U.S. House starts recess as immigration battle rages
By Richard Cowan and Susan Cornwell WASHINGTON (Reuters) - The U.S. House of Representatives broke on Thursday for an 11-day recess with majority Republicans deadlocked over legislation to protect 'Dreamer' immigrants from deportation while President Donald Trump insisted that Congress meet all his hard-line immigration demands. Republicans have been deeply divided for years over immigration
By Richard Cowan and Susan Cornwell
WASHINGTON (Reuters) - The U.S. House of Representatives broke on Thursday for an 11-day recess with majority Republicans deadlocked over legislation to protect "Dreamer" immigrants from deportation while President Donald Trump insisted that Congress meet all his hard-line immigration demands.
Republicans have been deeply divided for years over immigration. The conservative base has been pushing to tighten the borders even as the party, hoping to keep its majority in Congress in November's election, has been trying to reach out to Hispanic voters who are a growing force in American politics.
The issue has House Speaker Paul Ryan in one of the toughest struggles of his career.
On one side, Trump and conservatives in Congress insist on construction of a wall along the U.S.-Mexico border and a clampdown on both legal and illegal immigration. Centrist Republicans, meanwhile, are pressing for permanent protections that could lead to citizenship for the "Dreamers," immigrants who were brought illegally as children to the United States.
Trump has signaled he would favor some steps to protect Dreamers, but has not specified how, and he also insists on a border wall.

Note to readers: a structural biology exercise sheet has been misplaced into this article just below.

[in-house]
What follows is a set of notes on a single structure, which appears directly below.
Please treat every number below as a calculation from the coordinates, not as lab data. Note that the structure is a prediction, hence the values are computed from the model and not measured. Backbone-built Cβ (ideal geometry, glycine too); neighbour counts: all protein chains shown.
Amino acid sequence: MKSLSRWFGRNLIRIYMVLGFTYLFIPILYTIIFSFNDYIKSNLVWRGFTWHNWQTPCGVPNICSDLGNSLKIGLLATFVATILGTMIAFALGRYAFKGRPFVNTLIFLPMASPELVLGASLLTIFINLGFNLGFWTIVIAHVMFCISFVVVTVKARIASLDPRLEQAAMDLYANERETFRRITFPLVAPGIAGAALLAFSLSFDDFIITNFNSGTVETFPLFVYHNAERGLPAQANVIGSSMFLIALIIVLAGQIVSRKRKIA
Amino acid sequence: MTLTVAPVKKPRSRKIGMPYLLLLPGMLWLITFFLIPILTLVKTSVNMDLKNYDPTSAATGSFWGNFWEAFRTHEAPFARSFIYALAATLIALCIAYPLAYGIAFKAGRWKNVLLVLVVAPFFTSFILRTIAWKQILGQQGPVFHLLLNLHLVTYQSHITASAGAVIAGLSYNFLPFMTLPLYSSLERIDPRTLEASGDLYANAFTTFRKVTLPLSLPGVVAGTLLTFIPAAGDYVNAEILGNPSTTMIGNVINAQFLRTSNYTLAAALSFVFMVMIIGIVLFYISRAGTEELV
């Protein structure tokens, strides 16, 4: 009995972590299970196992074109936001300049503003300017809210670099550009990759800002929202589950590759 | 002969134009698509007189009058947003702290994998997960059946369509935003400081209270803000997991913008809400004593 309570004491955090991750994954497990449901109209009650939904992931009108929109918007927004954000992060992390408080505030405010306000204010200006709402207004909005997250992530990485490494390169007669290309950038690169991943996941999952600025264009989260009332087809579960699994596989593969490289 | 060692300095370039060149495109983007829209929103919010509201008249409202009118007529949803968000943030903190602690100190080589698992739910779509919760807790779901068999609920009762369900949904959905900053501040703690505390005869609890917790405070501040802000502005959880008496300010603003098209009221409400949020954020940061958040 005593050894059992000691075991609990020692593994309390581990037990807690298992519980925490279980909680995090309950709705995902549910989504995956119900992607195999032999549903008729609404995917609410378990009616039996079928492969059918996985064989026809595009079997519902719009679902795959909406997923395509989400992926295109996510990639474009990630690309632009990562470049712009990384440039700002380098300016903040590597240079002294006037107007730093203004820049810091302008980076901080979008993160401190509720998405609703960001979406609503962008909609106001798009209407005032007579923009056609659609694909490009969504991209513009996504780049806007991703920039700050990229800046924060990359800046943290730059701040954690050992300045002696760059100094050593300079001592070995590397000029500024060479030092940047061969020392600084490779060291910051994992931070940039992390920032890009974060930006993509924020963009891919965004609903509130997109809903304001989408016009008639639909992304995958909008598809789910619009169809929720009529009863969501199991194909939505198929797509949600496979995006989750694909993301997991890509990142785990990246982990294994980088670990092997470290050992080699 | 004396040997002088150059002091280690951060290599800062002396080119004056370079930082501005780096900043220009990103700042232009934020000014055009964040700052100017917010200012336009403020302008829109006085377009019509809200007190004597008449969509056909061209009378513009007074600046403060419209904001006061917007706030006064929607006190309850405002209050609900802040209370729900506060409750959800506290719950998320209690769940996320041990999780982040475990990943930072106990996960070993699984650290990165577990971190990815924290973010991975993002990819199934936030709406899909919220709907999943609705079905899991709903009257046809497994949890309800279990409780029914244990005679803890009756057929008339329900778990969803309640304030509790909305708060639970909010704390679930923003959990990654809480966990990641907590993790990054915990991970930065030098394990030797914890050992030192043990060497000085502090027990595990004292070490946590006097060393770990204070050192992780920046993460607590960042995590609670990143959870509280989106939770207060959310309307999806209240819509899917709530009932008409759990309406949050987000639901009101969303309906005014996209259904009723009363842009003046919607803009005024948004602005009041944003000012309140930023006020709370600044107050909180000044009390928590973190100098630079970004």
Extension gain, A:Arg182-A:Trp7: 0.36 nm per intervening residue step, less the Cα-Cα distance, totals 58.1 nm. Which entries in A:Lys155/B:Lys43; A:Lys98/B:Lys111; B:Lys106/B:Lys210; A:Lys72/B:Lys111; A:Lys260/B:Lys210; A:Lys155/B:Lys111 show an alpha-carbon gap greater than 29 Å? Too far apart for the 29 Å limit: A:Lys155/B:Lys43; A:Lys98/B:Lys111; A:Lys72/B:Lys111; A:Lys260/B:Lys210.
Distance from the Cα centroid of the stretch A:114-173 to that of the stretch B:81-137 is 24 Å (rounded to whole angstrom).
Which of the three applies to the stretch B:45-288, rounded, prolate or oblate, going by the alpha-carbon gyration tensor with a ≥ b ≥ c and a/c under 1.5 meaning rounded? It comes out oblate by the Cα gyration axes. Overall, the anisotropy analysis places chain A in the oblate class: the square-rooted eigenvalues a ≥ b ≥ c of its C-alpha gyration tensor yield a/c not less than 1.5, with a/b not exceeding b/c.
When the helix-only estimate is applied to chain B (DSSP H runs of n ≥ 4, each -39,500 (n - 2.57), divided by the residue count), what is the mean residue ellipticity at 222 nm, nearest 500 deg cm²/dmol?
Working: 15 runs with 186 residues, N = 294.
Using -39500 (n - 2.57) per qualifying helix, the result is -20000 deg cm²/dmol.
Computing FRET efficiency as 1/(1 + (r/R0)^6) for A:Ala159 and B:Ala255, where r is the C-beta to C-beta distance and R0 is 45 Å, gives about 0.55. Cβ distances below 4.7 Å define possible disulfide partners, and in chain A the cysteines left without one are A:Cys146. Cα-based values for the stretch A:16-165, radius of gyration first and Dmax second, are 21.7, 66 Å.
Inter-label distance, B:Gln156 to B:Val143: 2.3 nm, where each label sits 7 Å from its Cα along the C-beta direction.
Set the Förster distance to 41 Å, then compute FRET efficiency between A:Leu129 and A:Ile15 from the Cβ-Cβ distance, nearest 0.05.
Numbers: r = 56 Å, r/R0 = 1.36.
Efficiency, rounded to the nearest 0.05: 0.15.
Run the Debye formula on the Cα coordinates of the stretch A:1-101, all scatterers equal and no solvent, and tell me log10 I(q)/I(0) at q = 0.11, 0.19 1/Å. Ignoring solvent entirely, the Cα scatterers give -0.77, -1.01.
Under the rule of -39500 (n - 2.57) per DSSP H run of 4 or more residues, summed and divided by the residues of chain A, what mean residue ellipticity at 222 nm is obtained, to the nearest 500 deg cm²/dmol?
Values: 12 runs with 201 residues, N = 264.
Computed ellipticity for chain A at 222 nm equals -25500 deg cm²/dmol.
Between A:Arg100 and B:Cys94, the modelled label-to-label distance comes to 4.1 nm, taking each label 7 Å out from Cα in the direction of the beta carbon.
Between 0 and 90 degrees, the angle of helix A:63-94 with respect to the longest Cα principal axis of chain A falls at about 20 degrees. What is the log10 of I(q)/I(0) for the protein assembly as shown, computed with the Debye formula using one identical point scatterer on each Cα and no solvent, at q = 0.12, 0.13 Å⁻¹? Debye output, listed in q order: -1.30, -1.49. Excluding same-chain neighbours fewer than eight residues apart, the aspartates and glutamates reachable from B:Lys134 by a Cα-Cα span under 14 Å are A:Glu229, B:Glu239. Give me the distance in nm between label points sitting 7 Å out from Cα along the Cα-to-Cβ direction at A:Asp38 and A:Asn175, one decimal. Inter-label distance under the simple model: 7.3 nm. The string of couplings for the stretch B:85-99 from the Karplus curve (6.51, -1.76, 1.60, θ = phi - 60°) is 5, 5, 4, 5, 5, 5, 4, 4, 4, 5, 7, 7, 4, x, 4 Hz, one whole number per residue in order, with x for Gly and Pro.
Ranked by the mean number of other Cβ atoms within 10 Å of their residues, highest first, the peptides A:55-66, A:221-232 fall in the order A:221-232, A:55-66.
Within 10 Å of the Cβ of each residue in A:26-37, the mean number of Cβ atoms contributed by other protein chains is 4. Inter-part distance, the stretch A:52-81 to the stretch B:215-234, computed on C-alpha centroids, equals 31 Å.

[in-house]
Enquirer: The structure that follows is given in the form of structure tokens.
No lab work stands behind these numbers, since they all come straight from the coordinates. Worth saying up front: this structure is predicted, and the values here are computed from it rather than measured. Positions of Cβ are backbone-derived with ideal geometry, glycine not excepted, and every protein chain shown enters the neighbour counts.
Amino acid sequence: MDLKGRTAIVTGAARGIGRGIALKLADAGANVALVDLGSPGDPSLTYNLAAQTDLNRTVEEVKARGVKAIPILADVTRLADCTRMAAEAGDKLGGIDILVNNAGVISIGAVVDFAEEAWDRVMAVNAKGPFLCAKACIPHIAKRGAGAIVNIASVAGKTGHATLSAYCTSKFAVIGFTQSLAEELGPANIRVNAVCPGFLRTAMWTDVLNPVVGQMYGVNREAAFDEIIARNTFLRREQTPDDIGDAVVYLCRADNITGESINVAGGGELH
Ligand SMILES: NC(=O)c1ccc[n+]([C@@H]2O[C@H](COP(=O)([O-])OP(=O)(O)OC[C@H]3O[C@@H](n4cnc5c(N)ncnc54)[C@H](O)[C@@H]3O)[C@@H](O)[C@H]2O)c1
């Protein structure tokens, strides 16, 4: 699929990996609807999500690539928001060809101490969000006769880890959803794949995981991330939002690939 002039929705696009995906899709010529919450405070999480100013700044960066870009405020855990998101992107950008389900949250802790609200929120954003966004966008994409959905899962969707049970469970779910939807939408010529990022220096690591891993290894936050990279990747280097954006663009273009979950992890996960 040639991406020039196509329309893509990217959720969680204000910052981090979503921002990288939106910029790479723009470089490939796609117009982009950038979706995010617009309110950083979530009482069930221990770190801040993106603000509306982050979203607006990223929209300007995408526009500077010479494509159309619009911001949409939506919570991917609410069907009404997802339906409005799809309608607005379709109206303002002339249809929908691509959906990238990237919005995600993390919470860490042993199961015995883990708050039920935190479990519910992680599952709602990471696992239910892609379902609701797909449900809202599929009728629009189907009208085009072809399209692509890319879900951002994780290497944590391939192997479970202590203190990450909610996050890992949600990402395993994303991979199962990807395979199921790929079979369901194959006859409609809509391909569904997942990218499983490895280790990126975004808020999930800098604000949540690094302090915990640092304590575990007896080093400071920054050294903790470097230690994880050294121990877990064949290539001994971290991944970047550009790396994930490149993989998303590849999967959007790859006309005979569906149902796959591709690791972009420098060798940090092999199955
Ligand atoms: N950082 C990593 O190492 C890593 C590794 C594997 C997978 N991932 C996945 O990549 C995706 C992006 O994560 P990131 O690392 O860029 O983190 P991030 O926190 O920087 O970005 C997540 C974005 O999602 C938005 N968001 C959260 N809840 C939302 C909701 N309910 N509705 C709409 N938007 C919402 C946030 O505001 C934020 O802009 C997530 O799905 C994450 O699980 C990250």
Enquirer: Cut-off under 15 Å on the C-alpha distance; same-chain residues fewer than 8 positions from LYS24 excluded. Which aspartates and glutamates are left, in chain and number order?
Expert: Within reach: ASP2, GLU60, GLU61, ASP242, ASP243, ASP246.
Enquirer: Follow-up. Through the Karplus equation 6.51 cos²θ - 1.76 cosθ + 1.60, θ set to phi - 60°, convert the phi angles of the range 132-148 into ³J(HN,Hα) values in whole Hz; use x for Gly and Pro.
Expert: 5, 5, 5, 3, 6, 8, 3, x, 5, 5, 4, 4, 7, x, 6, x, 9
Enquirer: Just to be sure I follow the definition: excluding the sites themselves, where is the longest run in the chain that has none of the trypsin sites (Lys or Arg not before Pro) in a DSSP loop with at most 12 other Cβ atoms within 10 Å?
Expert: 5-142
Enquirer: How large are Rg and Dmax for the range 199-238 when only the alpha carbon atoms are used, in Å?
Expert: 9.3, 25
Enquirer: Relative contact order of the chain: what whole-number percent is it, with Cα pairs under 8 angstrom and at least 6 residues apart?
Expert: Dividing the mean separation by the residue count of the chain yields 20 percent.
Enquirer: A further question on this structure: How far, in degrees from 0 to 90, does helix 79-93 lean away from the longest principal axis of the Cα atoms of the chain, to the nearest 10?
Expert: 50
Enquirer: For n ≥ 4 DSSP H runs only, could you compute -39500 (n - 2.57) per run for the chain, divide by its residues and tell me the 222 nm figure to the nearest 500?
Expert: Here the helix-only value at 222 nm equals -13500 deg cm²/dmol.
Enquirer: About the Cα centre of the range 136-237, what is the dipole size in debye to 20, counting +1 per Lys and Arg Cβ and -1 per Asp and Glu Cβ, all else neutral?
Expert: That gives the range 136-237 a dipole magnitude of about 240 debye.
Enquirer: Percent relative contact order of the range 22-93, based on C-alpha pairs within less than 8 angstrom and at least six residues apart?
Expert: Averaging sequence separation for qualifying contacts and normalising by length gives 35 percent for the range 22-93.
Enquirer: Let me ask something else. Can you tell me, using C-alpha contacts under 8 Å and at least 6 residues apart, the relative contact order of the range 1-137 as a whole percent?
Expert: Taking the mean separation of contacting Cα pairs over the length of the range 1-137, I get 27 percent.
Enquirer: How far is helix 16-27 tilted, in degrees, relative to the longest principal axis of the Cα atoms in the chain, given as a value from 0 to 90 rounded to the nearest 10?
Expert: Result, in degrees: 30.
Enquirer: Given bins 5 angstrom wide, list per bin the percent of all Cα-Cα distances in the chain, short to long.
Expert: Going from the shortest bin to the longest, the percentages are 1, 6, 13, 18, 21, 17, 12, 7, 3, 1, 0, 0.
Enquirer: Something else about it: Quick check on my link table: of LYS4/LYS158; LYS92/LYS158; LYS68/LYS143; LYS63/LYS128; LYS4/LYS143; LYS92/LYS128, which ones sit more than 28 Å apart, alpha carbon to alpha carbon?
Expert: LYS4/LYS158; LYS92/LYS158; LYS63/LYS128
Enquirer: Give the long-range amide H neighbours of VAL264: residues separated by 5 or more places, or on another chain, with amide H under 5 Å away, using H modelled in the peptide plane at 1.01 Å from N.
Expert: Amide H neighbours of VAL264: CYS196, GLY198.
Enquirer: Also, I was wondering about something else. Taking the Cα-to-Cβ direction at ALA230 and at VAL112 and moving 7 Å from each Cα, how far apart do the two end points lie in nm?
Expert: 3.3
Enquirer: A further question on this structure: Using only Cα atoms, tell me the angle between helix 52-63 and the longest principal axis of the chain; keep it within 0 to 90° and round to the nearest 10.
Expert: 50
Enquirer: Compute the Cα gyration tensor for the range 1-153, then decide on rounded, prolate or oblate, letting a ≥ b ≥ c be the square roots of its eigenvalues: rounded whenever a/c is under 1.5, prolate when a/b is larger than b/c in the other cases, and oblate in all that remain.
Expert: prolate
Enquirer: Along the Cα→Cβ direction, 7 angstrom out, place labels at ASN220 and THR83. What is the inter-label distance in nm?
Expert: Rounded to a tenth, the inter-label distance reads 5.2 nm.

Ryan has said he is working with the White House on a plan that Trump would sign into law, but after weeks of intense negotiations, he has not yet forged a deal. He told reporters on Thursday that members were still seeking a consensus but gave no timeline for action.
"It’s in complete flux," said Republican Representative Patrick McHenry, a member of his party's House leadership team.
Representative Carlos Curbelo, one centrist trying to force Republican leaders to hold votes on a bipartisan Dreamer bill along with more conservative immigration legislation, told reporters: "For us, a permanent fair solution, a bridge into the legal immigration system, is critical.”
He added that he did not know whether conservatives in his party would move his way. Trump has rejected a push by Curbelo and other moderate Republicans for a "Dreamer" deal, saying he would only back sweeping immigration legislation that met all his demands, including a border wall.
"Unless it includes a wall, and I mean a wall, a real wall, and unless it includes very strong border security, there’ll be no approvals from me," Trump told Fox News. Any bill would also have to end a visa lottery program and curb visas for legal immigrants' relatives, he added.
Ryan, who plans to retire from Congress at the end of this year, has so far avoided pressure from both sides of his caucus to take up the contentious issue ahead of the November election.
As of Thursday, 23 House Republicans had signed a petition to force a wide-ranging debate and votes as soon as next month on a series of immigration bills. Signatures from two more Republicans along with support from most or all House Democrats would be enough to bring legislation to the House floor.
"What's not going to happen is we're not going to just spend time talking with no results. We have some deadlines," said Republican Representative Mario Diaz-Balart, an early signer of the petition.
Democratic Representative Pete Aguilar, also a leader in the fight for a bipartisan Dreamer bill, said Republicans are arguing over whether Dreamers should win a pathway to citizenship, a key demand of Democrats and centrist Republicans.
"It doesn't seem like they're (Republicans) ever going to get to a bill in their caucus that gets to 218" votes needed for passage, Aguilar told reporters.
(Reporting by Susan Cornwell, Susan Heavey and Richard Cowan; additional reporting by Lisa Lambert; editing by Jeffrey Benkoe, Jonathan Oatis and David Gregorio)
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